The Centre for Law, Technology and Society presents:
The Unimportance of Being Unintended
Digital Platform Harms and Reasonable Foreseeability
Wednesday, June 3, 2020
at 12:00 ET
Public discourse around harms that arise from digital platforms and platform algorithms often invoke the idea of “unintended consequences”. Examples include how platforms such as Facebook, Google, YouTube, Airbnb, and Uber have fundamentally and negatively impacted sociopolitical issues such as the state of journalism and informed public debate, affordable housing and public transit, and the ability to meaningfully uphold certain human rights, such as the right to privacy or the right to equality and non-discrimination (as impacted by platform-facilitated online abuse). When such consequences are framed as simply “unintended”, the implication may be that they were unforeseen, or unforeseeable. This talk will demonstrate how that implication has repeatedly shown to be untrue, and then lead into a discussion of how distinguishing between unintended, unforeseen, and unforeseeable consequences should inform proposals purporting to apply legal liability to digital platforms for harmful consequences, in the context of historically marginalized communities and the reasonable foreseeability analysis in Canadian tort law.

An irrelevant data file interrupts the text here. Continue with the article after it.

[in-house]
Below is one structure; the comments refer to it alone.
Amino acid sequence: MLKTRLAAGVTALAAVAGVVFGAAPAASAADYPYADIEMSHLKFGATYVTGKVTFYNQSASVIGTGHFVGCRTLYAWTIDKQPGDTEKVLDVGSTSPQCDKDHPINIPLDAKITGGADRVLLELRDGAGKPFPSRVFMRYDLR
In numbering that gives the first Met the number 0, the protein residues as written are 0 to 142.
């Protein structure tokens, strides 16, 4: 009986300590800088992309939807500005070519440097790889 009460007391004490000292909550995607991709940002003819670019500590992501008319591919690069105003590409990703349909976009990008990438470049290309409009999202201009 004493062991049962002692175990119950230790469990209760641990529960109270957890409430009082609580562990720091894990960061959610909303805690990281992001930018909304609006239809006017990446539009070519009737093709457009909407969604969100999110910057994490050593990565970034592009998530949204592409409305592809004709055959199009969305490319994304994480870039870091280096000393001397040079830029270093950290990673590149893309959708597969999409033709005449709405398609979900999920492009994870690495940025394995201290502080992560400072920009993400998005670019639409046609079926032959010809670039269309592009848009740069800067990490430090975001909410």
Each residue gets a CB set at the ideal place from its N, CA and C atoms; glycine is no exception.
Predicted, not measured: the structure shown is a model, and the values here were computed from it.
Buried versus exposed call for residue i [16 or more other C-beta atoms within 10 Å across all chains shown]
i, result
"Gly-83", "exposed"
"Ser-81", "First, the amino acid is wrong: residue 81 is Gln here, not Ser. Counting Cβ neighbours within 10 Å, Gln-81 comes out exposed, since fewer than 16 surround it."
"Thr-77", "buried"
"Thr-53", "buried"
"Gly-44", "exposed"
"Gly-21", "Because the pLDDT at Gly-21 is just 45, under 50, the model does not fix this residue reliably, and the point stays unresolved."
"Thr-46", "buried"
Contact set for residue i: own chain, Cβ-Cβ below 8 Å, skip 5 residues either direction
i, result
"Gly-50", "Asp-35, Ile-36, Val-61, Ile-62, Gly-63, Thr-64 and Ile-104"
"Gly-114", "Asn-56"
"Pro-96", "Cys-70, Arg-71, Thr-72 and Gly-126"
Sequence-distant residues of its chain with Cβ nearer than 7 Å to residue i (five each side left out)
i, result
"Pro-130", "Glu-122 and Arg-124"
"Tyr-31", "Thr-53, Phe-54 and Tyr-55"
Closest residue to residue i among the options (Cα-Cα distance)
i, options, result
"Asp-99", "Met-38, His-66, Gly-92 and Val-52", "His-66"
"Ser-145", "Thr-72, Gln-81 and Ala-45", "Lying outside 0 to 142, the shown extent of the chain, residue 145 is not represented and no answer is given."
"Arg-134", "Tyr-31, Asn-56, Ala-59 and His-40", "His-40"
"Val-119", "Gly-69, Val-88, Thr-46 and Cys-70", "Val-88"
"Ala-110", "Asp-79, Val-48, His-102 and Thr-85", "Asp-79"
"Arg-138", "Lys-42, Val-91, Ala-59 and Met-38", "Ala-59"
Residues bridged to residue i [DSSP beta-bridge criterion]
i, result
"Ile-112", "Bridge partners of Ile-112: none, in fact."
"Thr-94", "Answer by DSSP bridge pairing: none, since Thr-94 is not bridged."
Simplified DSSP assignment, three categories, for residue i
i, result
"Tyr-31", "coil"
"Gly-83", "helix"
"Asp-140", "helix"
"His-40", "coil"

This talk will also briefly introduce a concept developed and proposed by the presenter: platform-facilitated "emergent systemic harm", which is rooted in the notion of emergence from artificial intelligence and robotics literature. Emergent systemic harm is a systemic harm which emerged unexpectedly from a complex system, whose constituent components did not in isolation necessarily raise legal or ethical concerns, nor individually indicated foreseeable or predictable harm, but which worked together in such a way so as to produce a harmful result that was more than the sum of the system’s parts.
This event will be recorded.